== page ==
According to Harvard, prior to the start of the Harvard Financial Aid Initiative (HFAI), fewer than 20,000 students applied for admission. This year, nearly 40,000 students applied to Harvard.
One big reason is the availability of financial aid by the HFAI. According to Sarah C. Donahue, Griffin Director of Financial Aid. “The majority of Harvard students receive need-based aid, and their families pay an average of only $12,000. Students are not required to take out loans.”
Since launching HFAI in 2005, Harvard has awarded nearly $1.6 billion in grants to undergraduates. Over that time, Harvard’s annual financial aid award budget has increased more than 114 percent, from $80 million in 2005 to more than $172 million in 2016.
College admission committees want to know who is getting into their college. It is just like anything else. You want to know who is coming to your house. Right?
GPAs and test scores helps them determine how well you are doing academically and the probability of how well you will do in college, but they also want to get to know you beyond that. They want to learn your character, your interests, like, how you spend your time outside of the classroom, how you would deal with a challenge, etc. They are interested in getting to know your personality and the life experiences you may have had up until this point. They also want to learn why you are interested in going to their college. They want to learn from your teachers or counselors their perspective on who you are as a student and human being. They can’t get all that information from numbers: GPA and test scores.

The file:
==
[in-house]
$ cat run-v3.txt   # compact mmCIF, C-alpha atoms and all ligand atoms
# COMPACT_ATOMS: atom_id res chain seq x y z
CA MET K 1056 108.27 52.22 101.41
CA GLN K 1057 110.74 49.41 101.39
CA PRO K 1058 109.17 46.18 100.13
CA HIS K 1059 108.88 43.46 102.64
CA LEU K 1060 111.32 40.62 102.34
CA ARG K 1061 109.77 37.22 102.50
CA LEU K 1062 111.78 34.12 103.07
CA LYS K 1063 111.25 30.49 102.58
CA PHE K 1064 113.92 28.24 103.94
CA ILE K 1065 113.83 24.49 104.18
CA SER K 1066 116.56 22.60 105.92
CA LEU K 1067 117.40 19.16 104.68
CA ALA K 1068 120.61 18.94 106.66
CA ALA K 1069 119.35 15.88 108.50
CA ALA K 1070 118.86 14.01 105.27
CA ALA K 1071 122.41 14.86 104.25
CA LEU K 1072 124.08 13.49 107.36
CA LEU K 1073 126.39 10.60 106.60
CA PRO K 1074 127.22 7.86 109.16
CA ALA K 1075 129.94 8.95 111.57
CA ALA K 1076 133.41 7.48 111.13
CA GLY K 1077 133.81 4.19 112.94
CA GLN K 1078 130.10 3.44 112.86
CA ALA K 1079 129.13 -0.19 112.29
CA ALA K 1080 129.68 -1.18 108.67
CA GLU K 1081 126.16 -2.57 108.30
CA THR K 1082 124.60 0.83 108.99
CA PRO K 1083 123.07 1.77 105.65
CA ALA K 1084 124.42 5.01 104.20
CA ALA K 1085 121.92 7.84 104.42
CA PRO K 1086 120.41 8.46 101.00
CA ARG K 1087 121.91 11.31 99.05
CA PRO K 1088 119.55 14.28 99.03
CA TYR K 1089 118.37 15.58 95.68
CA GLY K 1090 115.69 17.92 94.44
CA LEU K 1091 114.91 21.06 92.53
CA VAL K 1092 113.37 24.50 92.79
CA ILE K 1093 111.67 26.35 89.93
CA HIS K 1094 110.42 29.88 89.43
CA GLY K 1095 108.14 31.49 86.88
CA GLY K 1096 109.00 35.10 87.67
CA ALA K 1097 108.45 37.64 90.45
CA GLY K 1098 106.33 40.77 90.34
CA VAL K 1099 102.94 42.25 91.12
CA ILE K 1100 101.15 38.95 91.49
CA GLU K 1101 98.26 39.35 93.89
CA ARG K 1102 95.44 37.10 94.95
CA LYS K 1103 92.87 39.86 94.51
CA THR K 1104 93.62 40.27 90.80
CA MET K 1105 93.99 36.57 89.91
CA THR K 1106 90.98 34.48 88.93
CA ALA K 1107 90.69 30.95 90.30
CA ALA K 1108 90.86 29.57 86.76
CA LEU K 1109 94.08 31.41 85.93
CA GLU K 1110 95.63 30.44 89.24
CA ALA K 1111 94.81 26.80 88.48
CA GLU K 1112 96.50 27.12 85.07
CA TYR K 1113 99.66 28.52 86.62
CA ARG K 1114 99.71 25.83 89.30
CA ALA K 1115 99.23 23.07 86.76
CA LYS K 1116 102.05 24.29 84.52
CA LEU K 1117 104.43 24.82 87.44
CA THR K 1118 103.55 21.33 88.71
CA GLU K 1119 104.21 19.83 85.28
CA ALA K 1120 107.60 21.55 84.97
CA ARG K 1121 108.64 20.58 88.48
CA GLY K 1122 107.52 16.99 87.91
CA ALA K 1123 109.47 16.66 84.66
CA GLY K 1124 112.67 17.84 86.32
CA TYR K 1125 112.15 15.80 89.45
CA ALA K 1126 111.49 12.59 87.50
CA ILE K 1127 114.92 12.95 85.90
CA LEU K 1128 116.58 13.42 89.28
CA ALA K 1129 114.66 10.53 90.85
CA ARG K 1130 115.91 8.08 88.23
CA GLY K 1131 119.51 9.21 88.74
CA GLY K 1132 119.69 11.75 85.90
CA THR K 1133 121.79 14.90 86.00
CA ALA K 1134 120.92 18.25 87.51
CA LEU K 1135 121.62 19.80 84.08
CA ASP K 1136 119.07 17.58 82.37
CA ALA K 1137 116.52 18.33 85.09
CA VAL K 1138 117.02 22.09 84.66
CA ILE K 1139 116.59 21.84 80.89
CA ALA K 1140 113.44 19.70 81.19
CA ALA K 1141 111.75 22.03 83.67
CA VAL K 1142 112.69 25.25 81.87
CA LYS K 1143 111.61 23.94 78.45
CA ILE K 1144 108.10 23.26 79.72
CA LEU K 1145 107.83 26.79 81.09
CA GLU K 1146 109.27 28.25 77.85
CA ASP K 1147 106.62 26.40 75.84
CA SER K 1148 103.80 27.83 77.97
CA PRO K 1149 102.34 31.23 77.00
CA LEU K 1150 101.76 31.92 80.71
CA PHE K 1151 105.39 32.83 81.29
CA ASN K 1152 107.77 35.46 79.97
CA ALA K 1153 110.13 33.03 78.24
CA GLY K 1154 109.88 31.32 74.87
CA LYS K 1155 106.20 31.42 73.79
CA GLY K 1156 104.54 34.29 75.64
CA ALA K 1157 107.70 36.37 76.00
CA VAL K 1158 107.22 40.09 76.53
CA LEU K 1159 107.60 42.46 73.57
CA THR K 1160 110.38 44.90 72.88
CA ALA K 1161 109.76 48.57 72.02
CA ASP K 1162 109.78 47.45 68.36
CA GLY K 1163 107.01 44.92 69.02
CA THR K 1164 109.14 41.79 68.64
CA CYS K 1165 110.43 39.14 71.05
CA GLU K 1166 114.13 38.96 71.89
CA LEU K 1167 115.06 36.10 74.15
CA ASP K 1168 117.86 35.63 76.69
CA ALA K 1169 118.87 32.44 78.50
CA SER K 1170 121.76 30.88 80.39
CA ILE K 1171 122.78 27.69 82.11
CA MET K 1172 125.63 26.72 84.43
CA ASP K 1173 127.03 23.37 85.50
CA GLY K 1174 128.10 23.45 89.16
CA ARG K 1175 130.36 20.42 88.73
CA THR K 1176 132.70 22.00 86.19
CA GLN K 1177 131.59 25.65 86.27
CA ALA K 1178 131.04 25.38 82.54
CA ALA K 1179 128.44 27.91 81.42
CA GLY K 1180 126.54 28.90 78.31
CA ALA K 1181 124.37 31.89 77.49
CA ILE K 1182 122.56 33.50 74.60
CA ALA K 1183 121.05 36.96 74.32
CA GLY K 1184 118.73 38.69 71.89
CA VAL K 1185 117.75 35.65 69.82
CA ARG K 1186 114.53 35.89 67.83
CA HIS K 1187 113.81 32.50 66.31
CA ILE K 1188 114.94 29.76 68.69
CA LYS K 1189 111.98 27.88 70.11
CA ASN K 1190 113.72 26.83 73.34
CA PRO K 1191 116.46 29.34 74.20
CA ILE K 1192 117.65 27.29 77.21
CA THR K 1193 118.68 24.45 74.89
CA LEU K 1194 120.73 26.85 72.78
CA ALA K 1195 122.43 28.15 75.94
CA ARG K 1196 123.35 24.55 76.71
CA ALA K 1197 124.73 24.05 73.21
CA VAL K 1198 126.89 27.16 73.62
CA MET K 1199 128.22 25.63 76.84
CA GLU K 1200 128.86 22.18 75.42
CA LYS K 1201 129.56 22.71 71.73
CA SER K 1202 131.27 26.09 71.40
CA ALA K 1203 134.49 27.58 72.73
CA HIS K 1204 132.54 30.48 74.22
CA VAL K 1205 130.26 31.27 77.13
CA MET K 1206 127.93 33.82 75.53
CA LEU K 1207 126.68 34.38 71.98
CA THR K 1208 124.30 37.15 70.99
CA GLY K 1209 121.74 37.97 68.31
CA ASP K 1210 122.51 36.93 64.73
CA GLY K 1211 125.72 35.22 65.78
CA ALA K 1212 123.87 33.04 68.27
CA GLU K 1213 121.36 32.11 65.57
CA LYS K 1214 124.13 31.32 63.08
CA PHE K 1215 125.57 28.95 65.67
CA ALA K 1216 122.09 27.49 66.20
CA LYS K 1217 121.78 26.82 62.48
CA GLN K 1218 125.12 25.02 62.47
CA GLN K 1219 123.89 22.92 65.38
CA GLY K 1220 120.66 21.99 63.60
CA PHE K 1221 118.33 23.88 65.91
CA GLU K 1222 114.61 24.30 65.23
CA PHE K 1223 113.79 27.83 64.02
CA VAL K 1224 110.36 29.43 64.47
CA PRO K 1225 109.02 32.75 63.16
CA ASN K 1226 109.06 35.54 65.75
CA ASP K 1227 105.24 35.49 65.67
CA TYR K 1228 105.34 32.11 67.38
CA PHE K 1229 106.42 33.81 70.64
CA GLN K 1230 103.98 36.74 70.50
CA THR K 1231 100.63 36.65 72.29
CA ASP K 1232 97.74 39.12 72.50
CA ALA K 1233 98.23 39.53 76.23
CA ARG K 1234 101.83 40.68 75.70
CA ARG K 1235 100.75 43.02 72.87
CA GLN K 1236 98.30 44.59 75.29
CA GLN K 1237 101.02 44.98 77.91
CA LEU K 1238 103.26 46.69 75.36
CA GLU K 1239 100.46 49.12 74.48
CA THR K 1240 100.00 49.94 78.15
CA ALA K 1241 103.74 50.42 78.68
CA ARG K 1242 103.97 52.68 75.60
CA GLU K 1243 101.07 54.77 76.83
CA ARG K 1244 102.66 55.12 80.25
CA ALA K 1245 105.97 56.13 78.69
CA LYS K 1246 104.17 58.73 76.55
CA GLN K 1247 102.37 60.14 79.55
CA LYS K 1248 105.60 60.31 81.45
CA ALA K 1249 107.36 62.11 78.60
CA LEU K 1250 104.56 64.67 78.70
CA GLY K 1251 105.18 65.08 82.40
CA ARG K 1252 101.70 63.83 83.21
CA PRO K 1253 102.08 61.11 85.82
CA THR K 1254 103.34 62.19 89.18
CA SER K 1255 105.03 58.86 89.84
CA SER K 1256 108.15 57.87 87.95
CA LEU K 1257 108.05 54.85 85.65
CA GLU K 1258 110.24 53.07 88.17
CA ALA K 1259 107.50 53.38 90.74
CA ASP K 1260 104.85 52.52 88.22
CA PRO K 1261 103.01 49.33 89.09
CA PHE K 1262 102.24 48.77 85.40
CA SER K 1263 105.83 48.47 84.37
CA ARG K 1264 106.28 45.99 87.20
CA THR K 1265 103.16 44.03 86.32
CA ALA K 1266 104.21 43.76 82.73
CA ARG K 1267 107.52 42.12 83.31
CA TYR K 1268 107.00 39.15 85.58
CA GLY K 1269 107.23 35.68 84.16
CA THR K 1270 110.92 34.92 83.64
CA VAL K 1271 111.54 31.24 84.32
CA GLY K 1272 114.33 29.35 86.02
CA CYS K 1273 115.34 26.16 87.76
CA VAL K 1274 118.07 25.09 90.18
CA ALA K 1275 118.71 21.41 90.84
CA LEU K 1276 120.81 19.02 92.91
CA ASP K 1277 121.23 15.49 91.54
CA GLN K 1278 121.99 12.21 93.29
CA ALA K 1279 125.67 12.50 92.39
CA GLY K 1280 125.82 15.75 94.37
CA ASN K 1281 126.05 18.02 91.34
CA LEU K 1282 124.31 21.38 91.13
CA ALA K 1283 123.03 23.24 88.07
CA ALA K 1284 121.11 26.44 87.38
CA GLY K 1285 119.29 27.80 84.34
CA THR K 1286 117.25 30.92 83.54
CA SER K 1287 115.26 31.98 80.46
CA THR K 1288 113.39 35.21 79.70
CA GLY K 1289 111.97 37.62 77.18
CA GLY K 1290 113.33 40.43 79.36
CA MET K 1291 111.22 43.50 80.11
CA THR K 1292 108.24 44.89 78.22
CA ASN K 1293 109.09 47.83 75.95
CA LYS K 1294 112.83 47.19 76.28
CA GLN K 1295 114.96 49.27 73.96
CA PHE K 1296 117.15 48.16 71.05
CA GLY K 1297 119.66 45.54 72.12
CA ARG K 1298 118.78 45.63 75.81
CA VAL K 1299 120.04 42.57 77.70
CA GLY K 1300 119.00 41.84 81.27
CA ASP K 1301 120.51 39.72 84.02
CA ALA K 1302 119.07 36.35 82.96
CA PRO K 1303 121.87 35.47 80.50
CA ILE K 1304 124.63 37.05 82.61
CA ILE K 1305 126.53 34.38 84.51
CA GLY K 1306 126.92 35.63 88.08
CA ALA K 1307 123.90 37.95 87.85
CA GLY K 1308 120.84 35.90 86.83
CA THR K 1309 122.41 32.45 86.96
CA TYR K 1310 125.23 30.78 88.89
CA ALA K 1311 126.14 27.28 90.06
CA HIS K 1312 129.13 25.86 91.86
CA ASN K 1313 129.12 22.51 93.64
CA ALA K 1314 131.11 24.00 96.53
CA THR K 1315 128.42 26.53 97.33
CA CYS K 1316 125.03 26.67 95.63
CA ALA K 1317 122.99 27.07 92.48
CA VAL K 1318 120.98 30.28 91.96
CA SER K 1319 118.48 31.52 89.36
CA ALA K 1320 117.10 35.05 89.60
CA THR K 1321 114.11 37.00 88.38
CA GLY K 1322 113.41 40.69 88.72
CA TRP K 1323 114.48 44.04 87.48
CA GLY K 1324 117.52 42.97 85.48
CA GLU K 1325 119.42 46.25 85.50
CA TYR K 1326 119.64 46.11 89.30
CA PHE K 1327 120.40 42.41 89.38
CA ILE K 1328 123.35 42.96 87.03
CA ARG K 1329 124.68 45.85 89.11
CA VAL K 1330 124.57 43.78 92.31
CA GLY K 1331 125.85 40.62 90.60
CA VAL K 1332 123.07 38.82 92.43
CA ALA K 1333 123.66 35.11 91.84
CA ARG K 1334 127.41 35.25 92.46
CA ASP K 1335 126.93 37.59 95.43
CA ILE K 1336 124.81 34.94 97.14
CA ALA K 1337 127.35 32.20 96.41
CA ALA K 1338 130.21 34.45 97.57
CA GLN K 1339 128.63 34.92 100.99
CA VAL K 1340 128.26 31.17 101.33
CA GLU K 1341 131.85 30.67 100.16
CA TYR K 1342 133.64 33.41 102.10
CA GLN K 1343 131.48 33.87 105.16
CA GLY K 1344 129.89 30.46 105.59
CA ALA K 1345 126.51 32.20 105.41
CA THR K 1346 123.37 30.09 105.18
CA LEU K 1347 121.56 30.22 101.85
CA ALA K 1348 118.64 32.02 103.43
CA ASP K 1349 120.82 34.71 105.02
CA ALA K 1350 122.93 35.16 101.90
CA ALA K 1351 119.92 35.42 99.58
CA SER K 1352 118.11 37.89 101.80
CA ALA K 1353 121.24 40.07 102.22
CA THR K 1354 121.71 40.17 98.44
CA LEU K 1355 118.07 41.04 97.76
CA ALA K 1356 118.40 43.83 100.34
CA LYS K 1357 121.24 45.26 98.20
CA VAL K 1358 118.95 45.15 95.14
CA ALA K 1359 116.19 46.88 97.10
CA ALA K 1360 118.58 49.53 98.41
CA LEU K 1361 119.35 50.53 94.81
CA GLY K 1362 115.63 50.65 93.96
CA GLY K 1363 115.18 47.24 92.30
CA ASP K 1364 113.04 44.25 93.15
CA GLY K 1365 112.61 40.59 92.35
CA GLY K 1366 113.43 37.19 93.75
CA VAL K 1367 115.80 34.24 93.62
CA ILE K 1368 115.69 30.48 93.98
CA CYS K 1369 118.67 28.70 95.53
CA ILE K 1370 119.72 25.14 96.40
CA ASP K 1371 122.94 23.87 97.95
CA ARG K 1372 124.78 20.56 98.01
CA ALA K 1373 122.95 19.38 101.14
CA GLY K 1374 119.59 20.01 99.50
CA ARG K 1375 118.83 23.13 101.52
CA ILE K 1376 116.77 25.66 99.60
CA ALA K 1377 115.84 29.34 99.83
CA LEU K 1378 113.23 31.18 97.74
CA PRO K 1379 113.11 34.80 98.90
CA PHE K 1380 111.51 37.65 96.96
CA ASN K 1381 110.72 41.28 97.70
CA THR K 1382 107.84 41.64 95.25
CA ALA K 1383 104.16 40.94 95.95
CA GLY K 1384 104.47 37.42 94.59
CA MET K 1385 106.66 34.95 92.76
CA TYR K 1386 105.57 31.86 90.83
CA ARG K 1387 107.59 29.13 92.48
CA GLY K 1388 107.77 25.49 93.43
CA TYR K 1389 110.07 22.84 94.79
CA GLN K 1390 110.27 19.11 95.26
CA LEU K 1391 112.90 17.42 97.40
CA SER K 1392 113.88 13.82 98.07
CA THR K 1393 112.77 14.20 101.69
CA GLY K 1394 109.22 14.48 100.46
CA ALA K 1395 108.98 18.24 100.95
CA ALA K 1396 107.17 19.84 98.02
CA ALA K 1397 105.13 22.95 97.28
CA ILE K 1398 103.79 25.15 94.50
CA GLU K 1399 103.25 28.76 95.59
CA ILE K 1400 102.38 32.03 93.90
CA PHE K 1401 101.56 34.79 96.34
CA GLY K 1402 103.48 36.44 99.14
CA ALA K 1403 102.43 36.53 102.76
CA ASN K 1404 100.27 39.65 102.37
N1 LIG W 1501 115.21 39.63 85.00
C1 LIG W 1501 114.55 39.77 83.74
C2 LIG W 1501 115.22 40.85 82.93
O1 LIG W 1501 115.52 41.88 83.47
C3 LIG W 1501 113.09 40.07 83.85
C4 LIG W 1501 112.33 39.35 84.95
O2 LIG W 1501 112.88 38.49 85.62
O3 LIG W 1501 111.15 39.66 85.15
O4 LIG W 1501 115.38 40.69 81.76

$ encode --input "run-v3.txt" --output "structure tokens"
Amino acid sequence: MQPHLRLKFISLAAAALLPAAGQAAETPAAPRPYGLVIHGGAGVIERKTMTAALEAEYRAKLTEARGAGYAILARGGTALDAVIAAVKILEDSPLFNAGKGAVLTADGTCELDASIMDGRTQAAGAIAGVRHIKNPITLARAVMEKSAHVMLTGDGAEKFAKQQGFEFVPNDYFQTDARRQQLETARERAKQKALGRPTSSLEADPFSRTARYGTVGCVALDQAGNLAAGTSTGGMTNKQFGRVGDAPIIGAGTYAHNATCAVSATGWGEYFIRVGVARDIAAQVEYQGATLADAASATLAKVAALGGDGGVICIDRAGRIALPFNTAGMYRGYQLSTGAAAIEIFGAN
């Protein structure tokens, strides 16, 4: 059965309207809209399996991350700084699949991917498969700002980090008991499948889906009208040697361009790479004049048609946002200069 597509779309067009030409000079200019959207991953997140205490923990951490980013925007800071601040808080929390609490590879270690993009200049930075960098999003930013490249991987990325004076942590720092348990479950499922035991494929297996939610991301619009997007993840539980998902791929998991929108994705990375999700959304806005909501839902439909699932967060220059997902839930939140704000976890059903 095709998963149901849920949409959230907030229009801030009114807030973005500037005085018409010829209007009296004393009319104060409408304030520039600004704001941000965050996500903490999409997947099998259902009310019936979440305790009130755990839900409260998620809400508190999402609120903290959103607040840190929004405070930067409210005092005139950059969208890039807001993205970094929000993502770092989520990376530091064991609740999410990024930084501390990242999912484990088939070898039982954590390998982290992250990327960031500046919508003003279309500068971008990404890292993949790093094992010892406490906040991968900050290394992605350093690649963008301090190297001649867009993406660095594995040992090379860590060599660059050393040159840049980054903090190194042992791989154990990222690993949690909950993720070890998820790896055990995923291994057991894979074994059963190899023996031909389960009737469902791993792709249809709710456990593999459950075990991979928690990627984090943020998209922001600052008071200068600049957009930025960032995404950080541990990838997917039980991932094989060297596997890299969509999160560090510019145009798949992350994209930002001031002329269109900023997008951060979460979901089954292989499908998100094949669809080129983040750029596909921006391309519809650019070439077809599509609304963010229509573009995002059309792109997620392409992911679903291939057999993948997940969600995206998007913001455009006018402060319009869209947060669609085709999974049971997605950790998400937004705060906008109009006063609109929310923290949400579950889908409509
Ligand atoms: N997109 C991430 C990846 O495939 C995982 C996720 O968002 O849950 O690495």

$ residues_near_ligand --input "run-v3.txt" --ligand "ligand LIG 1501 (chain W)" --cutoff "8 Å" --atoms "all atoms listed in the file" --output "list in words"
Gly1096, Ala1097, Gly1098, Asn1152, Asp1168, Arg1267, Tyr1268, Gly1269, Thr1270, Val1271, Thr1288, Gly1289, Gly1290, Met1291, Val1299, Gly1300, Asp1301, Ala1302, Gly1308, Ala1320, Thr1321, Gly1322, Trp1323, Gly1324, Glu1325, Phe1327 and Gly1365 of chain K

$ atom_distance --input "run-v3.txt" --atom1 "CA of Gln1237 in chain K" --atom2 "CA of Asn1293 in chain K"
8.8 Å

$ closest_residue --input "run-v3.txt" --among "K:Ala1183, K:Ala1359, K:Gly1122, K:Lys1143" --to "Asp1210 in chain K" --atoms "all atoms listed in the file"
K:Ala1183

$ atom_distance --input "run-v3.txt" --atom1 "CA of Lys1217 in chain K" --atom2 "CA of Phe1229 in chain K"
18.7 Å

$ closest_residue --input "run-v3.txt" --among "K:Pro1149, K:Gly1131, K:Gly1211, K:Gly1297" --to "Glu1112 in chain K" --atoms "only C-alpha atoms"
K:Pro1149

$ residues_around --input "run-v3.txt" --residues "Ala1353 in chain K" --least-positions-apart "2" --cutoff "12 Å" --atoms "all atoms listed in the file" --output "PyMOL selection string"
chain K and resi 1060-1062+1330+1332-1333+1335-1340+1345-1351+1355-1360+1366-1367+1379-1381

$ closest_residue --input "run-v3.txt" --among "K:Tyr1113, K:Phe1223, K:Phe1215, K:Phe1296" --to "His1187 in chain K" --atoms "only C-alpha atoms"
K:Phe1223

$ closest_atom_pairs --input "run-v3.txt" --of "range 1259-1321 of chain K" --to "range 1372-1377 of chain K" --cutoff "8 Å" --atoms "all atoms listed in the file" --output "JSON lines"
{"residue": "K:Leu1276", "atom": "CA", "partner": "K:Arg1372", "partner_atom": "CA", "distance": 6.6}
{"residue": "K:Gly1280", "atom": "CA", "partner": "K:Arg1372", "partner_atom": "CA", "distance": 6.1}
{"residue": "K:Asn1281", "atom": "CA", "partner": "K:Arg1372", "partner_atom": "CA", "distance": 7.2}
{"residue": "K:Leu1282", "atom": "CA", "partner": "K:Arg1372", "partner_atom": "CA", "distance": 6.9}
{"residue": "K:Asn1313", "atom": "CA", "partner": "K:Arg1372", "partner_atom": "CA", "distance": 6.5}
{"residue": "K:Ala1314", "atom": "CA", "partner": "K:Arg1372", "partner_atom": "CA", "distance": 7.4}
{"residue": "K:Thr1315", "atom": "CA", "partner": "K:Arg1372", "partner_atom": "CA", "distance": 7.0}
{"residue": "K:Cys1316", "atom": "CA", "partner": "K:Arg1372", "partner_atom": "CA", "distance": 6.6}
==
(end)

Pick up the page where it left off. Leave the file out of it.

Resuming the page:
Admission to top colleges is ultra-competitive. They are many, many qualified students who are applying to top colleges—from all around the world. Colleges do not have spots for all of them. Many students have excellent grades and test scores—some perfect grades and test scores. So they have to use qualitative measures such as essays, projects and letters of recommendations to make distinctions among the many excellent candidates.
In the international bestseller, Thinking, Fast and Slow, Daniel Kahneman, the renowned psychologist and winner of the Nobel Prize in Economics, explains the two systems that drive the way we think. System 1 is fast, intuitive, and emotional; System 2 is slower, more deliberative, and more logical.